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Remembering Bayard Rustin: The Centennial of a Remarkable Life

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If you are like most people in the U.S. you probably do not know who Bayard Rustin was, nor how profoundly he influenced the civil rights movement. The same histories that erased his contributions exaggerated Martin Luther King Jr.'s role as the architect of Montgomery bus boycott and recast Rosa Parks as an otherwise unremarkable lady whose fabled act of defiance was prompted by weary feet.

Rustin no less than any other agent of his era, including King himself, was indispensable to the greatest successes of the movement and the development of its earlier, more vulnerable stages.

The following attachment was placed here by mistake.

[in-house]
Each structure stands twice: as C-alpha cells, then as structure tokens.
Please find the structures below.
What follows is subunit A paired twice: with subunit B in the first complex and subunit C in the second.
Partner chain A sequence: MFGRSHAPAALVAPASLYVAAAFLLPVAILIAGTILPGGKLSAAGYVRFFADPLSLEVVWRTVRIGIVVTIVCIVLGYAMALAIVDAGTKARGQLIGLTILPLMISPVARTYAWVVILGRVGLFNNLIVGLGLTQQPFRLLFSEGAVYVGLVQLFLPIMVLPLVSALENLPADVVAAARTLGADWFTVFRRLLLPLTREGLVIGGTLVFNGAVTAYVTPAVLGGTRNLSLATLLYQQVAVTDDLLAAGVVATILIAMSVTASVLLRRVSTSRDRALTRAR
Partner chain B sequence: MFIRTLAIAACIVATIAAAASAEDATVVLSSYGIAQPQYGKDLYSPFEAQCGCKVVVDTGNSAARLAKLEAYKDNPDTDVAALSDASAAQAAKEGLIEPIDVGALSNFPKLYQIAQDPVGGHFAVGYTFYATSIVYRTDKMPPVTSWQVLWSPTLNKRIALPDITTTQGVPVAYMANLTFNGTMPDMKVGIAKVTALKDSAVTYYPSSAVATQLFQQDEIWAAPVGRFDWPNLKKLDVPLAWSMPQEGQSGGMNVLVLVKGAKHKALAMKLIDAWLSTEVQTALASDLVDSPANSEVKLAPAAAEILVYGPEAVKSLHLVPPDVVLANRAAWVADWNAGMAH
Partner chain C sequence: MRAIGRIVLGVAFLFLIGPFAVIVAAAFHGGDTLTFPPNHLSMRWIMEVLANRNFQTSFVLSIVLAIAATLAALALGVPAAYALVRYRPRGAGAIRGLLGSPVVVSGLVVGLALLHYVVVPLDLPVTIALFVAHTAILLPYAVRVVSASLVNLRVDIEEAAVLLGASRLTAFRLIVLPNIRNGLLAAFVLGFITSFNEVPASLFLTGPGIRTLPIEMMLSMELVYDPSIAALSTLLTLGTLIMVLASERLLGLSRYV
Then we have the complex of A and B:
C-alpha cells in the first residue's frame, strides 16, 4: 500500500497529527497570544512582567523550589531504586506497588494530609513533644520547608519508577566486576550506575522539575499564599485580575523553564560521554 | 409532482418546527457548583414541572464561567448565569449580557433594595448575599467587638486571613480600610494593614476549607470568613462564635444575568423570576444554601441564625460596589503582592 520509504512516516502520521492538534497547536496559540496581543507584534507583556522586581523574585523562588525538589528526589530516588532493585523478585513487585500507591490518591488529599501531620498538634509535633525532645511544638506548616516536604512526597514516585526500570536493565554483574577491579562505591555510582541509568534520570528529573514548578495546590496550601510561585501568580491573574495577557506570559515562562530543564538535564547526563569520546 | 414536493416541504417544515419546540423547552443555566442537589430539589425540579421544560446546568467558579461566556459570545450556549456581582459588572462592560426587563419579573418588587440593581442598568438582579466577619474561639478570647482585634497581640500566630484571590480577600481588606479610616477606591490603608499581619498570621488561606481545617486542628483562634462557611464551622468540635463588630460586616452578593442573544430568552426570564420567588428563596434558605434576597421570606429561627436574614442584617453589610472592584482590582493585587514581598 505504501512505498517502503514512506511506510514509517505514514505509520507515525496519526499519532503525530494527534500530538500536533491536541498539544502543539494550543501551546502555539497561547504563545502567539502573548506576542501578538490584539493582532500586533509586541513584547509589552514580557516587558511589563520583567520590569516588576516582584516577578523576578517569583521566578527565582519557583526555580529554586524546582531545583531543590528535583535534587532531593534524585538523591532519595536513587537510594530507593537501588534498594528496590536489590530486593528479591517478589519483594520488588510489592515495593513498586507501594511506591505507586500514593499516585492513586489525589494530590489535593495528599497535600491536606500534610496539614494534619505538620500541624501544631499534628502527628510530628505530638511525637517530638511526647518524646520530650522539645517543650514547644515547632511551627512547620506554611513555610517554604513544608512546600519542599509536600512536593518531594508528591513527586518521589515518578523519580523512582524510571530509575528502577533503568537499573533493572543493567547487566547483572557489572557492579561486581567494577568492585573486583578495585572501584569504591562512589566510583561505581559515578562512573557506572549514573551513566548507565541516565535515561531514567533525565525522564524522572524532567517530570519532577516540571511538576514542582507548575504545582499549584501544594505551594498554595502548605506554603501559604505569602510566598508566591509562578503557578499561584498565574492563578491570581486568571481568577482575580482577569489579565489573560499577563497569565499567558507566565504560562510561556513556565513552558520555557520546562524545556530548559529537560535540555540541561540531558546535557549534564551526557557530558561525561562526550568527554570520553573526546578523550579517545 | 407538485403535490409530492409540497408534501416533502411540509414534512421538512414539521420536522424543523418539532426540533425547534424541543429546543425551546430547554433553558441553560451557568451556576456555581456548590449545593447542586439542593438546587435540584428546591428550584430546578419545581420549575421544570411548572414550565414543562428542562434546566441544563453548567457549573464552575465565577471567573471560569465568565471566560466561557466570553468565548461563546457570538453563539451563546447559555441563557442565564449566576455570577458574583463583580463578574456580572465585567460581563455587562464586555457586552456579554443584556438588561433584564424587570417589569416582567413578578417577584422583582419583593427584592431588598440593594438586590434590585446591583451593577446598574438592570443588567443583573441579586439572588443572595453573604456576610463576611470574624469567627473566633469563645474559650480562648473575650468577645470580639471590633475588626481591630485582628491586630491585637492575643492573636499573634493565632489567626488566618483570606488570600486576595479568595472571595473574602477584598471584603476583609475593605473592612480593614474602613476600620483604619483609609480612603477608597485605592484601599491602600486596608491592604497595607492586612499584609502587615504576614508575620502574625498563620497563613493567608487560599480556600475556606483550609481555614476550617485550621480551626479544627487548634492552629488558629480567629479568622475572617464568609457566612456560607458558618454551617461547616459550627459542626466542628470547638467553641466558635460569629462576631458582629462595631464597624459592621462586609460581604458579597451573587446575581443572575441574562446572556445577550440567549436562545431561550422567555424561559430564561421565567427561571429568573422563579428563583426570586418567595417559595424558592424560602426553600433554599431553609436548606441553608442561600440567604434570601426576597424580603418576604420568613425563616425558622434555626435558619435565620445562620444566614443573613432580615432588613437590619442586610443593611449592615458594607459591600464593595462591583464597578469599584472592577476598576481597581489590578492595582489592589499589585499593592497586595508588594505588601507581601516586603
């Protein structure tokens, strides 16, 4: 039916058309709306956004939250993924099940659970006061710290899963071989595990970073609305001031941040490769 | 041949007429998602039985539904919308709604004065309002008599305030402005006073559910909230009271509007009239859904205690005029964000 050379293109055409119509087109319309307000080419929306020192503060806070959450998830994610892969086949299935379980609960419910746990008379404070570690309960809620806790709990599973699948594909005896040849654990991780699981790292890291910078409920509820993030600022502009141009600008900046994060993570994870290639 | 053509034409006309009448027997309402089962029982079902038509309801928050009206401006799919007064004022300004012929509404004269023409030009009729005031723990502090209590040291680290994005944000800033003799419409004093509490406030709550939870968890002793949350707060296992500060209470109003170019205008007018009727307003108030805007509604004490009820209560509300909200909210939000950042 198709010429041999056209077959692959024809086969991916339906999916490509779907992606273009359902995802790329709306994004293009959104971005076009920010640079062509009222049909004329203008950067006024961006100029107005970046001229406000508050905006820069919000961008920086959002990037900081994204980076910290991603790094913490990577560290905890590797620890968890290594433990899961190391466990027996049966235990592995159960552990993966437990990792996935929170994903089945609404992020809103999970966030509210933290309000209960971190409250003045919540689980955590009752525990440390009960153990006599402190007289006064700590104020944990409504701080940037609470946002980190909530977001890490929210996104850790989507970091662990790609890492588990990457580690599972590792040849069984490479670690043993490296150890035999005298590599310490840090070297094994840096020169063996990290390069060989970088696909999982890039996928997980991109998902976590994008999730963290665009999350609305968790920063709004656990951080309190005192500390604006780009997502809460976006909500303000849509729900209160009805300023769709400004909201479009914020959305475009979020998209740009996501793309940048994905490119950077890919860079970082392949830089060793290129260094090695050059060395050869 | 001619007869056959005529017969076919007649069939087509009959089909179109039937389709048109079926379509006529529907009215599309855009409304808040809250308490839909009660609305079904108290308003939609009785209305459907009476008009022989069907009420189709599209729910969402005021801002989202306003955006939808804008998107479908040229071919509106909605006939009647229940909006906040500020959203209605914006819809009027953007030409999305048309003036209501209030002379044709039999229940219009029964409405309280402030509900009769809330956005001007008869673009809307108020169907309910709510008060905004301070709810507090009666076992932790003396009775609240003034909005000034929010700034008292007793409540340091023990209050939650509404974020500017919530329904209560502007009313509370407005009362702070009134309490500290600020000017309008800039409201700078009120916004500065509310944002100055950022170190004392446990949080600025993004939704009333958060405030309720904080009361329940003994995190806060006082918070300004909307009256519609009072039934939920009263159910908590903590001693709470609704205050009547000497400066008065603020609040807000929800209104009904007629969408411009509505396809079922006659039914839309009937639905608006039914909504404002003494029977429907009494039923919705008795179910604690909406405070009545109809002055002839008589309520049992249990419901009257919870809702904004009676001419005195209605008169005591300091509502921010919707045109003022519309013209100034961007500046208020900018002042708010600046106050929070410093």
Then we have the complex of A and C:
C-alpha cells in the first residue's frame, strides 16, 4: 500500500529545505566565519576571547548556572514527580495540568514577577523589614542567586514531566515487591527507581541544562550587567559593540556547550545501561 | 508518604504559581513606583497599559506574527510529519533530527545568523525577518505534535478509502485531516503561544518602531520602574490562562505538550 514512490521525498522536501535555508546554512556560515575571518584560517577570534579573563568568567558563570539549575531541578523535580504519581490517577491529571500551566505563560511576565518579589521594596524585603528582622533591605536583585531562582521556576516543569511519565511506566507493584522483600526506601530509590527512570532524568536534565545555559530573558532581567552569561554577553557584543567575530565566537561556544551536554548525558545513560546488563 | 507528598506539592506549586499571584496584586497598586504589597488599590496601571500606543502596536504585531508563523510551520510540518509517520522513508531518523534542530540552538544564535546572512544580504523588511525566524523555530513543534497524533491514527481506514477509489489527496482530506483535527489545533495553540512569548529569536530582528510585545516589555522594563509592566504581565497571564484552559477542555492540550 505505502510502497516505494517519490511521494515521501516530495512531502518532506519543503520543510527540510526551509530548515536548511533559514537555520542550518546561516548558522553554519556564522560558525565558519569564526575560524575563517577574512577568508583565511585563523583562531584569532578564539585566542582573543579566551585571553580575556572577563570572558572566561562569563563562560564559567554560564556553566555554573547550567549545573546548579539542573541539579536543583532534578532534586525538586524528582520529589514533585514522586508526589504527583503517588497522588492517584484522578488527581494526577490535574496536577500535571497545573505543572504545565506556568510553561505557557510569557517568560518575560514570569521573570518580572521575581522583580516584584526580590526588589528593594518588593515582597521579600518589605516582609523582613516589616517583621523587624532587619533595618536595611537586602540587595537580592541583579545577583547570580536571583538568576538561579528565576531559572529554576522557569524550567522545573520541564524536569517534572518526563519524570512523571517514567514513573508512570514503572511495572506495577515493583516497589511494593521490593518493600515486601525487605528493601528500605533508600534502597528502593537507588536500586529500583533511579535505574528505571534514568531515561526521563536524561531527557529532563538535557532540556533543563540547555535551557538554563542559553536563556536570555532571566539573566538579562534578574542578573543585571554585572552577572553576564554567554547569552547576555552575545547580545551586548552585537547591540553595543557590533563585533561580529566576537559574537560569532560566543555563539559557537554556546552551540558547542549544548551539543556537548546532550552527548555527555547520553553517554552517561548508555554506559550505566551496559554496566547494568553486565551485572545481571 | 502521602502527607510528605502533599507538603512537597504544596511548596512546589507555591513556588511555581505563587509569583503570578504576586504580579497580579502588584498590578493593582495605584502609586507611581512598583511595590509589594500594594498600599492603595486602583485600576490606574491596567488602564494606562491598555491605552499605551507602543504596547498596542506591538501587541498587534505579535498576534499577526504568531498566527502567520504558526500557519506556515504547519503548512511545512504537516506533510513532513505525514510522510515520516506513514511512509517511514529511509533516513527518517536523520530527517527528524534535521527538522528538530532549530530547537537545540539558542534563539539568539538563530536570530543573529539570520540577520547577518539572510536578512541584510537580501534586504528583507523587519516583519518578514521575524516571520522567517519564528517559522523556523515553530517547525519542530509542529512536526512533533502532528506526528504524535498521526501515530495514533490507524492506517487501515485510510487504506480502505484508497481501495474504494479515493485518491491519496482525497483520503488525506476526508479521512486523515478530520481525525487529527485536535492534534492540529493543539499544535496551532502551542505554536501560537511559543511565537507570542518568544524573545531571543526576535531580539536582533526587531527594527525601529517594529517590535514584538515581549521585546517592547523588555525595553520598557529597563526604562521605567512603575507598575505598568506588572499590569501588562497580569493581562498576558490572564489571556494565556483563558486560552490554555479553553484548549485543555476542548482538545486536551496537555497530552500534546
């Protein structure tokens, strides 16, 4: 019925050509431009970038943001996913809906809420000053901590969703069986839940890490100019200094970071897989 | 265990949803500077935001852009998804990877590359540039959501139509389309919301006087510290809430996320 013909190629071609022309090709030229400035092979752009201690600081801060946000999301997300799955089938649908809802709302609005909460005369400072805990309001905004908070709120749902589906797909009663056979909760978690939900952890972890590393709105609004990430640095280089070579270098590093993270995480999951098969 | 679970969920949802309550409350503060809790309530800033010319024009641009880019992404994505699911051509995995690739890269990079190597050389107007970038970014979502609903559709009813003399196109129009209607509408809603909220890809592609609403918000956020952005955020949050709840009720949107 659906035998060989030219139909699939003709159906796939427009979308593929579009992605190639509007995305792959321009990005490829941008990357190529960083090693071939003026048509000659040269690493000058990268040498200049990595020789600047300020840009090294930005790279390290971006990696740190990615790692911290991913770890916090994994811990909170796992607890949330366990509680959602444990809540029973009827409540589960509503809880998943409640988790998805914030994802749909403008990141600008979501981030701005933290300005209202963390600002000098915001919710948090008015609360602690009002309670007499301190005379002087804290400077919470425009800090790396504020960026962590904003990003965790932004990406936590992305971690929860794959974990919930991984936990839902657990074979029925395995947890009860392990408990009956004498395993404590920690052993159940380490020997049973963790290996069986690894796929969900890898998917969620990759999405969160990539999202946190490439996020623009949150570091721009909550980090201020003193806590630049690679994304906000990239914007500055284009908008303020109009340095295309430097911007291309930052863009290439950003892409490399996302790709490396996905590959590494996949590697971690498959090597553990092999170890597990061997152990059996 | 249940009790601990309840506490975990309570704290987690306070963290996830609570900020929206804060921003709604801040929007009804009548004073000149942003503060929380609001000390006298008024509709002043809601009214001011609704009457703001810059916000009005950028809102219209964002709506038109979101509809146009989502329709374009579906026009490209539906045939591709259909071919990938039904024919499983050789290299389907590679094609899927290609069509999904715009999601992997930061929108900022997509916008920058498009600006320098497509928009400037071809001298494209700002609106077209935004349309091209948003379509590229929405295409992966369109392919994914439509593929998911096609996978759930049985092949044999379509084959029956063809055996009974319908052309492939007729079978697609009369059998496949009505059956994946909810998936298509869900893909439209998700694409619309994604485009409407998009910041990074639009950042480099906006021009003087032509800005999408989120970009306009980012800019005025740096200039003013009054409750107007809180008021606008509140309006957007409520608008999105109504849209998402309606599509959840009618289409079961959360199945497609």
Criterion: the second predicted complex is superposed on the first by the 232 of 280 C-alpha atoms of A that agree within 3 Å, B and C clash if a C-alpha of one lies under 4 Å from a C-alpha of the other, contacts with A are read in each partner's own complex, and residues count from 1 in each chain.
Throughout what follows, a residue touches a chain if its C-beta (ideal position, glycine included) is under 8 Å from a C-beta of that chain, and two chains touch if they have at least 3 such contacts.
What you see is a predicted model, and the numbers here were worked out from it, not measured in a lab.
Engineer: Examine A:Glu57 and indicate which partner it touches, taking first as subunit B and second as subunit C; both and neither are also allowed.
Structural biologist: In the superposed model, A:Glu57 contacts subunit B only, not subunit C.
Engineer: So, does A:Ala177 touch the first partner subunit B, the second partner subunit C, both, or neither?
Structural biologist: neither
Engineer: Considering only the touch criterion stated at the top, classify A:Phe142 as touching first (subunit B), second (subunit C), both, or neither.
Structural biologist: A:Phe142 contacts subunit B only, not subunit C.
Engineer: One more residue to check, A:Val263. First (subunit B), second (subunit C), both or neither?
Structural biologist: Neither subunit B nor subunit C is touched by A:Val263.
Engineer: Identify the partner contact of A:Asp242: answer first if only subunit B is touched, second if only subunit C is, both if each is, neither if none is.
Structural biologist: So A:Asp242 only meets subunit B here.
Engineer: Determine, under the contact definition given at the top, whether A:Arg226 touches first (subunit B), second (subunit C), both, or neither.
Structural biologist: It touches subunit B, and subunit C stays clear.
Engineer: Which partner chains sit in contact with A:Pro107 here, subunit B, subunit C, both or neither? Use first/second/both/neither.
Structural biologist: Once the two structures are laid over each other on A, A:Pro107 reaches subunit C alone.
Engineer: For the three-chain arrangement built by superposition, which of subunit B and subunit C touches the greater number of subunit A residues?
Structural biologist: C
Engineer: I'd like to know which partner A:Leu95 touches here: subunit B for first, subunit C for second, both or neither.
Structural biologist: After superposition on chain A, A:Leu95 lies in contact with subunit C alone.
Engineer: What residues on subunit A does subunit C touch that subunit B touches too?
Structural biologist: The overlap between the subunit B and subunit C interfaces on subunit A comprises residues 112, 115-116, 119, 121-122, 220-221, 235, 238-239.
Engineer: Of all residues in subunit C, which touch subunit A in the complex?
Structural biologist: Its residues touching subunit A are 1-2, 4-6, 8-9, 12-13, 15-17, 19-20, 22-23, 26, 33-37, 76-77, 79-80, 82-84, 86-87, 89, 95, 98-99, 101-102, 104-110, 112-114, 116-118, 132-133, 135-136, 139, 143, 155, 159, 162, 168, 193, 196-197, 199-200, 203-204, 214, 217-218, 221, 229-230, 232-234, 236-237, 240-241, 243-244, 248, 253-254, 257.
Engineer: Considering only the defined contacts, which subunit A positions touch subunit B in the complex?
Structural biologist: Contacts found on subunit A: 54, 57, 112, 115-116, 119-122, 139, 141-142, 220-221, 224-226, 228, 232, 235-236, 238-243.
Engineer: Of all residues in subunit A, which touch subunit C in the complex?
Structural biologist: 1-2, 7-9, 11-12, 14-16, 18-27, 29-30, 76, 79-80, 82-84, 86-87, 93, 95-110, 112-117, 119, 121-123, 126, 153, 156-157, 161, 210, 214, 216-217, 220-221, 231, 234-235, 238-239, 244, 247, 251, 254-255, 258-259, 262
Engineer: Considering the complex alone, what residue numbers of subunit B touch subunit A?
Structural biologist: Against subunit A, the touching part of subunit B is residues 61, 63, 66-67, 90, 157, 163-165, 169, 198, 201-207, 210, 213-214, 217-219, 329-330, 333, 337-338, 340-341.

During the forties, he participated in direct actions that prefigured the signature efforts that would define the movements' peak. As a protégé of preeminent labor leader A. Phillip Randolph, he helped plan a march on Washington, D.C. (which Randolph called off) on protesting segregation in the armed forces.

In 1946, he participated in a campaign of interracial freedom rides in the South and subsequently worked on pacifist coalitions in India, Ghana and Nigeria. From 1956 until King's death, Rustin served as one of King's most trusted advisors. Randolph sent his star protégé' south to advise the Montgomery bus boycott organizing. Rustin taught King to adopt Mohatmas Gandhi's philosophy, convincing the fledgling leader that having his men armed with guns was incompatible with non-violent principles.